1. Morphology and fine structure of the brain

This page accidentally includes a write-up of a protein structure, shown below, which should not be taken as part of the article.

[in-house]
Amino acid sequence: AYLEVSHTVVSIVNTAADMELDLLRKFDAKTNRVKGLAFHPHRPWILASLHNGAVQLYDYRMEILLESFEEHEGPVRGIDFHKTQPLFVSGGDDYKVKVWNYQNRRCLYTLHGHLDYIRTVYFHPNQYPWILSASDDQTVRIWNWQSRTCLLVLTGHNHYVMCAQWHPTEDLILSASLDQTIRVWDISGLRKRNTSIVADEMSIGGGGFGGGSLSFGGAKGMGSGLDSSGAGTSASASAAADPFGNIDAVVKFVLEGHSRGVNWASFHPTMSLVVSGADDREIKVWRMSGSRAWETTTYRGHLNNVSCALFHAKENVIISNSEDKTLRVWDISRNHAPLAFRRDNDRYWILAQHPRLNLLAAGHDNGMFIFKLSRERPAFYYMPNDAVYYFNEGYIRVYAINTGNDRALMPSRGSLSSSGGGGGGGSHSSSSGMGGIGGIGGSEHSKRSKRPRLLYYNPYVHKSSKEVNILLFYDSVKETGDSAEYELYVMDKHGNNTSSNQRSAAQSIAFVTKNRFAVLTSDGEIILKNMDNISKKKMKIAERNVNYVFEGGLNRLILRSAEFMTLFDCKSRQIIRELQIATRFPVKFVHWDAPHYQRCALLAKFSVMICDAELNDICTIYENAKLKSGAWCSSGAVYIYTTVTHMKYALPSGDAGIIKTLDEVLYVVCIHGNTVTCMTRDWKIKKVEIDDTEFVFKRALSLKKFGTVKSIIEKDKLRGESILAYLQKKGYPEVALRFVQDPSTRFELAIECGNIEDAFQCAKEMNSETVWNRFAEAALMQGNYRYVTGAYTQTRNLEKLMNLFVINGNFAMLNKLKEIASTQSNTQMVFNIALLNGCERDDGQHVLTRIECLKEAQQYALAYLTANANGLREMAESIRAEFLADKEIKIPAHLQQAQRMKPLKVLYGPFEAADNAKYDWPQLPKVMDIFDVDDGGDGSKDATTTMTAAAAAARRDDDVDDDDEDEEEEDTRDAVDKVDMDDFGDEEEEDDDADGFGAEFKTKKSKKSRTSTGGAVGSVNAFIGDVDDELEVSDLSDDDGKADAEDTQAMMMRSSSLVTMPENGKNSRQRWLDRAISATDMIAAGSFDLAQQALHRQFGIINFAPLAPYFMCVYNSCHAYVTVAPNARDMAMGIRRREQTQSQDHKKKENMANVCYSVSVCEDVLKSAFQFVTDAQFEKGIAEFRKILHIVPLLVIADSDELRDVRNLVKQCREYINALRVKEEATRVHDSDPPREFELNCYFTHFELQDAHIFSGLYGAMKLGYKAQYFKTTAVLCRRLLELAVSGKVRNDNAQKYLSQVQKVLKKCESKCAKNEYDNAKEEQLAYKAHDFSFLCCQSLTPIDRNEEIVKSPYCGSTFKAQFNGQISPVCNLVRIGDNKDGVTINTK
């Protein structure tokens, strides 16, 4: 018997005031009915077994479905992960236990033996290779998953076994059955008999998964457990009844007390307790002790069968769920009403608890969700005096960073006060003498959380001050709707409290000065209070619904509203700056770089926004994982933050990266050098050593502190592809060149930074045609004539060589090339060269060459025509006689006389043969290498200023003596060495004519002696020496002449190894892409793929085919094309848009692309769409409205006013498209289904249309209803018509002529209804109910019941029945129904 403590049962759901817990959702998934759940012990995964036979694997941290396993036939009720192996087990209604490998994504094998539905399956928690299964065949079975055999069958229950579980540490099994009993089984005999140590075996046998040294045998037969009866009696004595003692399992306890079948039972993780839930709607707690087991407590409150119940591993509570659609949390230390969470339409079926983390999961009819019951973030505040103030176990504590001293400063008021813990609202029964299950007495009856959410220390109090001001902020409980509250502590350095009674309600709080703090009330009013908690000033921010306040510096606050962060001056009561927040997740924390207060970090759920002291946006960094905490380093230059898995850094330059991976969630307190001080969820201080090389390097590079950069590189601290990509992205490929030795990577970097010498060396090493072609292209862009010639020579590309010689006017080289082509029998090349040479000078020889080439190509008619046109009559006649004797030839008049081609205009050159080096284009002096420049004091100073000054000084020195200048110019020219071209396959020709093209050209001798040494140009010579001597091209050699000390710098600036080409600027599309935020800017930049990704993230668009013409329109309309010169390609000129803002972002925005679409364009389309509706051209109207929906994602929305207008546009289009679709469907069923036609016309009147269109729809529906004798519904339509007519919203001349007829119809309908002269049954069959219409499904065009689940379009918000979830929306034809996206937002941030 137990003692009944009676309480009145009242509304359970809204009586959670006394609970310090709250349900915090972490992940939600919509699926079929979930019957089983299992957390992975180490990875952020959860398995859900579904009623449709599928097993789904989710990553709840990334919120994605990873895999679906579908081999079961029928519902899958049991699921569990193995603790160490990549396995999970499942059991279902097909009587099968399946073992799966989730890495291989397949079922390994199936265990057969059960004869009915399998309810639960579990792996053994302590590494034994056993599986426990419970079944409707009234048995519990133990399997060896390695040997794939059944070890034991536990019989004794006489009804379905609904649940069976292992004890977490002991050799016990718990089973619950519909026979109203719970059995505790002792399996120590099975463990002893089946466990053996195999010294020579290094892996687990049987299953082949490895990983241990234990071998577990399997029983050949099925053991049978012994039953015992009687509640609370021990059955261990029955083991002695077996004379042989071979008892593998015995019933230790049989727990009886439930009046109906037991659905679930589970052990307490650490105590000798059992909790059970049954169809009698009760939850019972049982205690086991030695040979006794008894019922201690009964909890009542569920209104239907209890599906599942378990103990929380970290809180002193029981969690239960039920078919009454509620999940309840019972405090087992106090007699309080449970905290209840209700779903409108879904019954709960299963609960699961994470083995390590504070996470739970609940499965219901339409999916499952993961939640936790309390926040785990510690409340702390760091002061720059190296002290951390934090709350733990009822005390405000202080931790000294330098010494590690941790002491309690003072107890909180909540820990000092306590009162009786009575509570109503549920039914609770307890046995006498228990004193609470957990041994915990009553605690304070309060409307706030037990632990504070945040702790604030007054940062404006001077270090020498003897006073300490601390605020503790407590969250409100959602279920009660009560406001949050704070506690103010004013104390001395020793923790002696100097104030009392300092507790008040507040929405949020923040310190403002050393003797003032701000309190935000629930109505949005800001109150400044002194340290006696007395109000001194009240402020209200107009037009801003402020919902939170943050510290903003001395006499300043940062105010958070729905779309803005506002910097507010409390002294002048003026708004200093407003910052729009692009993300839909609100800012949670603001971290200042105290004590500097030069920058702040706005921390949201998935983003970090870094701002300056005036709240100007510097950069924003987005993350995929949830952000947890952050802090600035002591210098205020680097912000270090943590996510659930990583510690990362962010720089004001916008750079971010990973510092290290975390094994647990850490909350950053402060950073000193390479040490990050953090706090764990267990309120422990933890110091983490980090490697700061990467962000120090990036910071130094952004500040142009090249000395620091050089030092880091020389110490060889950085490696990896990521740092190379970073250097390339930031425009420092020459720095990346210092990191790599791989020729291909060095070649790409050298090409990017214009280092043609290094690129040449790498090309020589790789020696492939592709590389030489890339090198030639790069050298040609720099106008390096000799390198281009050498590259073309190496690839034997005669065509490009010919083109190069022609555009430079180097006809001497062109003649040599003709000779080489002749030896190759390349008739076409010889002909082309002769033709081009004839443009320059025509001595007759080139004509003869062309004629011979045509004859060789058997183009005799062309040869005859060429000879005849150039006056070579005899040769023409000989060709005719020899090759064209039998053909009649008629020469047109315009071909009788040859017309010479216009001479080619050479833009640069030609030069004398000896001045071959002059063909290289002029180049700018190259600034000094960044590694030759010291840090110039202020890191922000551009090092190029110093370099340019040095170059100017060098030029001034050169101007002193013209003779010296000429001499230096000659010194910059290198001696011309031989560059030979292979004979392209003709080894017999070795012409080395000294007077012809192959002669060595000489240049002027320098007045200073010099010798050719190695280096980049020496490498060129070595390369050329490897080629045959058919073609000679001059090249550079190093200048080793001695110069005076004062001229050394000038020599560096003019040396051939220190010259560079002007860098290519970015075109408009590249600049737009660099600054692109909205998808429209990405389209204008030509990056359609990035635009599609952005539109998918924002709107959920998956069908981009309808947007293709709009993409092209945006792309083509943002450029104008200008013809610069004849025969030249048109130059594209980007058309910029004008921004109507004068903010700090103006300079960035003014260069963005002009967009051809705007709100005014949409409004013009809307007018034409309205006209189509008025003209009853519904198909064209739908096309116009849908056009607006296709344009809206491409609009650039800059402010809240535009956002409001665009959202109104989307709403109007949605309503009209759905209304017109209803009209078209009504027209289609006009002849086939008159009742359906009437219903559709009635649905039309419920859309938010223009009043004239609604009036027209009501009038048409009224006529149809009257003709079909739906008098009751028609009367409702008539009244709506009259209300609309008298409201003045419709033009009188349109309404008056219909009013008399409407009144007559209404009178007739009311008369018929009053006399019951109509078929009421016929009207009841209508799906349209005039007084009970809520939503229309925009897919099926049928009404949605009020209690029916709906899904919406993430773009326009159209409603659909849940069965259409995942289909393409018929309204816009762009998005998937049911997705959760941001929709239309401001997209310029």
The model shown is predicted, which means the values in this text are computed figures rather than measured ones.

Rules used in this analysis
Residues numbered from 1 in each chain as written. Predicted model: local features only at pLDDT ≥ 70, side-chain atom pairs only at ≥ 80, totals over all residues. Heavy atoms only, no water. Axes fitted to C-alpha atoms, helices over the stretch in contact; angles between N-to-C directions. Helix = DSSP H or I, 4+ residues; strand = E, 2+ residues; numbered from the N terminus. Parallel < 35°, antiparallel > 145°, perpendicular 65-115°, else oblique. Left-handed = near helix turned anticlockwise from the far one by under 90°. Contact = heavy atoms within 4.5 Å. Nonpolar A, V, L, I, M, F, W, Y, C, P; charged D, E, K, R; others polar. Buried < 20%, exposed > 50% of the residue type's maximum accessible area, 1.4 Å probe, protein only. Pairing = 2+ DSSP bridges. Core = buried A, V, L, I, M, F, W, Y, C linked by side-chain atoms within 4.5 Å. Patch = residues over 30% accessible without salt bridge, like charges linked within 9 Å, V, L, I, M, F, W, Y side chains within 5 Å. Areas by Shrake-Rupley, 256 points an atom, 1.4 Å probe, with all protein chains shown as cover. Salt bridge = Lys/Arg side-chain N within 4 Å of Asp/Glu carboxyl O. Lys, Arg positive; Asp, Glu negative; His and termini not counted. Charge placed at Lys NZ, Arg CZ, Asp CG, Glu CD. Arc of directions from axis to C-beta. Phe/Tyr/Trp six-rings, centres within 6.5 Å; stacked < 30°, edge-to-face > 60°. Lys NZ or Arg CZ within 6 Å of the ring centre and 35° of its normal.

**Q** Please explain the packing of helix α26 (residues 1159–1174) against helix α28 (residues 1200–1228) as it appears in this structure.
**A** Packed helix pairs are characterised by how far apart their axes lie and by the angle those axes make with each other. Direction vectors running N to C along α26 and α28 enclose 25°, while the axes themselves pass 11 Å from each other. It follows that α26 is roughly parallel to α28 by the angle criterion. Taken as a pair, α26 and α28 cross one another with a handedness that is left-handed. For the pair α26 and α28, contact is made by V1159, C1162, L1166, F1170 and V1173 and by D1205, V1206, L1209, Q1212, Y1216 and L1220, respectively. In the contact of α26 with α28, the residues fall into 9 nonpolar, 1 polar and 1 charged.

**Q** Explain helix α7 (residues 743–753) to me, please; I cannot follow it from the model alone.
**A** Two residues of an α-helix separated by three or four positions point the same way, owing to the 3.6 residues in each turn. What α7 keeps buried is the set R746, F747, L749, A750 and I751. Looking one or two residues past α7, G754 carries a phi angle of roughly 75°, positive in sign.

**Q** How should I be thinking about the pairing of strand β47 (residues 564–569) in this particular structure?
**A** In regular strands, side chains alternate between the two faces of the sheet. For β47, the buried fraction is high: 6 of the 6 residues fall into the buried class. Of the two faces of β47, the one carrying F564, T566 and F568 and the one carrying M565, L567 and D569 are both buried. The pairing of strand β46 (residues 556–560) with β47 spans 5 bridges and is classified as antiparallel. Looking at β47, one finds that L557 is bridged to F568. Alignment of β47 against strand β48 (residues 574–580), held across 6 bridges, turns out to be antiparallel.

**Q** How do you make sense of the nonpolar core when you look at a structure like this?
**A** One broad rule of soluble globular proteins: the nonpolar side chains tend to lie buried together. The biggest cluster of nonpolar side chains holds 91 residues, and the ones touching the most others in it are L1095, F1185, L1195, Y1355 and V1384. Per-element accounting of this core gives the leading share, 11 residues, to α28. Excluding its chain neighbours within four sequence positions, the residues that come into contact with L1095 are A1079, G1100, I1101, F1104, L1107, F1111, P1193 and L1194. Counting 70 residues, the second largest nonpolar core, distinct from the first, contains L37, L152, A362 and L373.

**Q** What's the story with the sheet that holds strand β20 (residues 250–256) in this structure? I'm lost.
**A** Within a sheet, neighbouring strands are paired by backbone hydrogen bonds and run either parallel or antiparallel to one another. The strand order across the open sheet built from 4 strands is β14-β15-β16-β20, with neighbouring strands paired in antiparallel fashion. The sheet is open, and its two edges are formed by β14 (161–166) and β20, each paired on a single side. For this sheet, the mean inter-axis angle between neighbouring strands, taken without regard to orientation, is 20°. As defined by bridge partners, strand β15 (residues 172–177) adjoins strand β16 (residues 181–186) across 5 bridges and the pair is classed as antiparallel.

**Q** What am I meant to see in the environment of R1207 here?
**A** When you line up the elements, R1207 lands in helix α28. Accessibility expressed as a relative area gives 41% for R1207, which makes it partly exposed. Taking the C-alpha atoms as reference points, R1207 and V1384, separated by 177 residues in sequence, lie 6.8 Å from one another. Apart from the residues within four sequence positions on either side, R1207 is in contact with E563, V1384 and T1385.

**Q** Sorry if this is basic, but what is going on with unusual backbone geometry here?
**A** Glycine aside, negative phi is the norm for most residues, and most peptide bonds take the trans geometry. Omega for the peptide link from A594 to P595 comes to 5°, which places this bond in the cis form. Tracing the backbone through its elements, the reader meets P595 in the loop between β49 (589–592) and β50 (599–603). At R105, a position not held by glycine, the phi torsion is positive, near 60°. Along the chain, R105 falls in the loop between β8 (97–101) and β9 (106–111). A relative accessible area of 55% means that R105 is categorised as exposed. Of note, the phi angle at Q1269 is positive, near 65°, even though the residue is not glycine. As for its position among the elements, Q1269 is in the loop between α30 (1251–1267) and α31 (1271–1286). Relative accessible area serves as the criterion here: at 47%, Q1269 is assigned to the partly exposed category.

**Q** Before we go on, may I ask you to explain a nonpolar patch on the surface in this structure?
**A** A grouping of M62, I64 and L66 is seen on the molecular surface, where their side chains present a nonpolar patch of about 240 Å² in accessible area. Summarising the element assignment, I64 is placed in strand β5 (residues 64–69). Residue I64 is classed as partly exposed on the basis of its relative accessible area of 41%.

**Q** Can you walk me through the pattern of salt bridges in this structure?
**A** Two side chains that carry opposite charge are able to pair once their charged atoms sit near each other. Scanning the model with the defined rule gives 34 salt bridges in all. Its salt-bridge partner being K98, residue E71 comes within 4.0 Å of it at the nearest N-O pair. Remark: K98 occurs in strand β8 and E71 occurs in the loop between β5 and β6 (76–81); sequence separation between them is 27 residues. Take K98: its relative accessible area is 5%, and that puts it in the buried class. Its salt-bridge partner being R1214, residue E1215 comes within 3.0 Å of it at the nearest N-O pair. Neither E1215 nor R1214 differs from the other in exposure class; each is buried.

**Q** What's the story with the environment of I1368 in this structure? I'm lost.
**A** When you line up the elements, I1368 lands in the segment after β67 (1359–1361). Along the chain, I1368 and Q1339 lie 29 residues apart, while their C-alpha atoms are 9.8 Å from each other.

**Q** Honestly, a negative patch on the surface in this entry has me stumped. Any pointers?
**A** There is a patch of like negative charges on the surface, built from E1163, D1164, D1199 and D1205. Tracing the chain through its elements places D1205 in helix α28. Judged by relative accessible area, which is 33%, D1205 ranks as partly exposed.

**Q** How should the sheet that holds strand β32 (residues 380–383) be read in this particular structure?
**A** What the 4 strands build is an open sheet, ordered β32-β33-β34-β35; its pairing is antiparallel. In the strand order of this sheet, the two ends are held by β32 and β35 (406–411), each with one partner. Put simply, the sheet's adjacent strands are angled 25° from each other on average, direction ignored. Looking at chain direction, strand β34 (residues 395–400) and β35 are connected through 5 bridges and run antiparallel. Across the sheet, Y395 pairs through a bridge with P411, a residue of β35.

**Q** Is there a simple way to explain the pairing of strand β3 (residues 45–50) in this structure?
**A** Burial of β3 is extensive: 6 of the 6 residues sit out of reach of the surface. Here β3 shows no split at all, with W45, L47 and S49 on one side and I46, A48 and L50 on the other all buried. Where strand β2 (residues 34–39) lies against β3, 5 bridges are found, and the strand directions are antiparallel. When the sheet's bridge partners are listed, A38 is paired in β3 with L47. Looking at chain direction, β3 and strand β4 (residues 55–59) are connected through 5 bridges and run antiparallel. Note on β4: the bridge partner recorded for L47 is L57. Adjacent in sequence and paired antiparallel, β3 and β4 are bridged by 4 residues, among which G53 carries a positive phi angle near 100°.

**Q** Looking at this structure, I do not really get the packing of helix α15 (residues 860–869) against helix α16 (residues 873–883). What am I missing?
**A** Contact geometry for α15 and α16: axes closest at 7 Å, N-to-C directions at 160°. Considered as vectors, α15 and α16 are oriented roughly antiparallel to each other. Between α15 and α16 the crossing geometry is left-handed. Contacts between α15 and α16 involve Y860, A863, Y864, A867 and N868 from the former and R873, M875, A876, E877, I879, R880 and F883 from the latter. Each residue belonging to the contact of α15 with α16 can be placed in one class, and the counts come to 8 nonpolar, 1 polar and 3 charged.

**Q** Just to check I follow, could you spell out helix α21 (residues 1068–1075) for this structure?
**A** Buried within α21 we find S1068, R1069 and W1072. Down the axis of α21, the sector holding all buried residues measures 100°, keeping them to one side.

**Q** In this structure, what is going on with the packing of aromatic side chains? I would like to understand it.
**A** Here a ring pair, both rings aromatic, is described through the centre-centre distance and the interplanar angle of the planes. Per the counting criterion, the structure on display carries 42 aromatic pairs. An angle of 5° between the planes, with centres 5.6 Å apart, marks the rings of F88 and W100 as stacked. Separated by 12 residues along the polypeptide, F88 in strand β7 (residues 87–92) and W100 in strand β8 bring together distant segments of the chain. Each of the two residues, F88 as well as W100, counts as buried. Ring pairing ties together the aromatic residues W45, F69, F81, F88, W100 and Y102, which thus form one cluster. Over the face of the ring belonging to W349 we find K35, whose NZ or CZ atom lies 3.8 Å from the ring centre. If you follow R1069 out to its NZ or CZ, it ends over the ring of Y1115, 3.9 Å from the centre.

The morphological characteristics of brain death were examined in baboons and cats after artificial cerebral ischaemia. All animals showed autolytic changes in the brain, ischaemic neuronal changes, midbrain haemorrhages, focal necrosis of the brain-stem, demarcation at C 1/C 2 cord segment, and displacement of cerebellar tissue. Ultrastructural examination revealed extreme brain oedema, autolytic changes, and complete obstruction of capillaries by astrocytic and endothelial swelling and intravascular blebs. These data indicate that brain death develops in several stages. If the process starts in the supratentorial space it first leads to a breakdown of the cerebral circulation and to transtentorial herniation. As a result, midbrain haemorrhages develop and the infratentorial pressure begins to rise. The second stage is terminated by demarcation of the brain. The circulatory arrest is initially caused by venous compression but becomes irreversible when vascular obstruction develops.